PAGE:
Mato Grosso has become the center of Brazil's soybean industry, with production located across an agricultural frontier expanding into savanna and rainforest biomes. We present environmental footprints of soybean production in Mato Grosso and resource flows accompanying exports to China and Europe for the 2000s using five indicators: deforestation, land footprint (LF), carbon footprint (CF), water footprint (WF), and nutrient footprints. Soybean production was associated with 65% of the state's deforestation, and 14–17% of total Brazilian land use change carbon emissions. The decade showed two distinct production systems illustrated by resources used in the first and second half of the decade. Deforestation and carbon footprint declined 70% while land, water, and nutrient footprints increased almost 30% between the two periods. These differences coincided with a shift in Mato Grosso's export destination. Between 2006 and 2010, China surpassed Europe in soybean imports when production was associated with 97 m2 deforestation yr−1 ton−1 of soybean, a LF of 0.34 ha yr−1 ton−1, a carbon footprint of 4.6 ton CO2-eq yr−1 ton−1, a WF of 1908 m3 yr−1 ton−1, and virtual phosphorous and potassium of 5.0 kg P yr−1 ton−1 and 0.0042 g K yr−1 ton−1. Mato Grosso constructs soil fertility via phosphorous and potassium fertilizer sourced from third party countries and imported into the region. Through the soybean produced, Mato Grosso then exports both water derived from its abundant, seasonal precipitation and nutrients obtained from fertilizer. In 2010, virtual water flows were 10.3 km3 yr−1 to China and 4.1 km3 yr−1 to Europe. The total embedded nutrient flows to China were 2.12 Mtons yr−1 and 2.85 Mtons yr−1 to Europe. As soybean production grows with global demand, the role of Mato Grosso's resource use and production vulnerabilities highlight the challenges with meeting future international food security needs.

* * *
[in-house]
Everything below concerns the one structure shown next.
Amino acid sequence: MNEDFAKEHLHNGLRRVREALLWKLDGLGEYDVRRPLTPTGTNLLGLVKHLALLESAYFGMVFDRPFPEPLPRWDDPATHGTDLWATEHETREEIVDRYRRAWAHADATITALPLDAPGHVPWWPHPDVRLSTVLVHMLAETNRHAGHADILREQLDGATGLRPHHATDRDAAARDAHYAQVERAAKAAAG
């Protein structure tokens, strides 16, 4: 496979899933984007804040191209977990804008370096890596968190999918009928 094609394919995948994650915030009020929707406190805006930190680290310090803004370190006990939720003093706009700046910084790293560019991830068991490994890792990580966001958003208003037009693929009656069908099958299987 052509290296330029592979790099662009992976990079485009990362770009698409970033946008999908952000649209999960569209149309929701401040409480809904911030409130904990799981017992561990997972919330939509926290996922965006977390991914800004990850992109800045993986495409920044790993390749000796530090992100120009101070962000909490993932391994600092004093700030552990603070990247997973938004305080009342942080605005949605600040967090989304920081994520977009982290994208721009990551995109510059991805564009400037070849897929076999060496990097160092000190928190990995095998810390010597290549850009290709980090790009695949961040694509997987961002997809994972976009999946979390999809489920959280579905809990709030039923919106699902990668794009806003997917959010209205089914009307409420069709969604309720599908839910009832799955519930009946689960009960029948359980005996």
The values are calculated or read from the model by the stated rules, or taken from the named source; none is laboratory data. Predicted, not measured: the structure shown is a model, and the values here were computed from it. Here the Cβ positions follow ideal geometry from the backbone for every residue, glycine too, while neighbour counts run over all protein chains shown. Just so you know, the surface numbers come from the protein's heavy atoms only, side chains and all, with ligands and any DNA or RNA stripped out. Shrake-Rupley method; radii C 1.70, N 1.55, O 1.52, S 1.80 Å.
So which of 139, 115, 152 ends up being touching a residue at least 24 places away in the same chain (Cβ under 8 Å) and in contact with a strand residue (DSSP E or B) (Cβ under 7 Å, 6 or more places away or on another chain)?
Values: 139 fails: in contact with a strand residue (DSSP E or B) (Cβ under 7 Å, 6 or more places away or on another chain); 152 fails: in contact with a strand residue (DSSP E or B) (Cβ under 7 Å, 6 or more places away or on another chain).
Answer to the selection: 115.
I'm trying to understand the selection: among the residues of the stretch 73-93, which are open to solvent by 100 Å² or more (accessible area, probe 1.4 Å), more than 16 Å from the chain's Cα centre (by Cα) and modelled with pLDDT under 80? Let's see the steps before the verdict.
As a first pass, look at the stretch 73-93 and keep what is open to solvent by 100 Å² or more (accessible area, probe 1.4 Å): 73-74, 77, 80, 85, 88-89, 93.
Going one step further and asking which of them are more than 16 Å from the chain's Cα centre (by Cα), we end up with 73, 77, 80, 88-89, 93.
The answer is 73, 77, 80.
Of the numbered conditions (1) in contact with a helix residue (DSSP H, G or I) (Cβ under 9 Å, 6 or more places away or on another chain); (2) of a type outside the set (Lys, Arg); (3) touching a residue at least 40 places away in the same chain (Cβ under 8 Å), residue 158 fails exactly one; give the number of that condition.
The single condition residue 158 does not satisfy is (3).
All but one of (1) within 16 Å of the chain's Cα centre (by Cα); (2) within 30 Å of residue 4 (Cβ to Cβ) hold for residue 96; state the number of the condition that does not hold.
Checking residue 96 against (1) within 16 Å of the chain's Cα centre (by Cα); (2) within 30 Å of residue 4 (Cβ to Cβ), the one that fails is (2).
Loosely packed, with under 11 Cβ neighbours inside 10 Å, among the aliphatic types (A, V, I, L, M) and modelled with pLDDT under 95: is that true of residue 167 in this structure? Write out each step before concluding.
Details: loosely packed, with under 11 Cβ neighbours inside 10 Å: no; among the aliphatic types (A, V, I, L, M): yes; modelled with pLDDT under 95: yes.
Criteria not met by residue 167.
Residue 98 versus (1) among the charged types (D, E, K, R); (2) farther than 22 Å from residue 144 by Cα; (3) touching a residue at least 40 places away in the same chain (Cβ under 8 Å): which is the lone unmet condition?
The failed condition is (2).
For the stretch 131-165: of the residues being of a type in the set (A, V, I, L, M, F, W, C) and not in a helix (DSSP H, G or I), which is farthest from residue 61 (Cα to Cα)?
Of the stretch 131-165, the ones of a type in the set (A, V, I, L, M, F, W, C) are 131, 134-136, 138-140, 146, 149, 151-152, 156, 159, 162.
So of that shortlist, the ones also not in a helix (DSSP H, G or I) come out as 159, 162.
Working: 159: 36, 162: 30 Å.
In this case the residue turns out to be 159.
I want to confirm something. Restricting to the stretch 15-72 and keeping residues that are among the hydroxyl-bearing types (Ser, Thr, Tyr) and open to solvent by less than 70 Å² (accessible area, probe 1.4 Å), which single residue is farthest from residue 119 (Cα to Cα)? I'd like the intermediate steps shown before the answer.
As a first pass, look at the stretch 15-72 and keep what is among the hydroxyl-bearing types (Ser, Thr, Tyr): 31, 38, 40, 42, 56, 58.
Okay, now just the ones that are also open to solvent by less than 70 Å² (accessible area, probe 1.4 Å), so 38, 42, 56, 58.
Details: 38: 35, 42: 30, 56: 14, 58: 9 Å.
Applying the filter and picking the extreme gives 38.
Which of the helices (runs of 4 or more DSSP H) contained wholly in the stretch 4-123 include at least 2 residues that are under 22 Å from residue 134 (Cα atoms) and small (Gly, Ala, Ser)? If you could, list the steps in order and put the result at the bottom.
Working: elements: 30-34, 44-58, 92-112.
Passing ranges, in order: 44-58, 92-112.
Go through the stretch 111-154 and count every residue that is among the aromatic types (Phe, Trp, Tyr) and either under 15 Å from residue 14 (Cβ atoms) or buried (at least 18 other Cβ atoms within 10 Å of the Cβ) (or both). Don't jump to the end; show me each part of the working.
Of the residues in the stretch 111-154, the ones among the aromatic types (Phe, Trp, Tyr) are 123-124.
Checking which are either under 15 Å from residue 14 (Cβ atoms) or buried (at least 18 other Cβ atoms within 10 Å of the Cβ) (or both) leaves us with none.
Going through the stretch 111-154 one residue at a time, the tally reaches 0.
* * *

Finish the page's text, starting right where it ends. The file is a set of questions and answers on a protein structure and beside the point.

Creative Commons License
This work is licensed under a Creative Commons Attribution 4.0 License.
Lathuillière, M. J., Johnson, M. S., Galford, G. L., & Couto, E. G. (2014). Environmental footprints show China and Europe’s evolving resource appropriation for soybean production in Mato Grosso, Brazil. Environmental Research Letters, 9(7), 074001.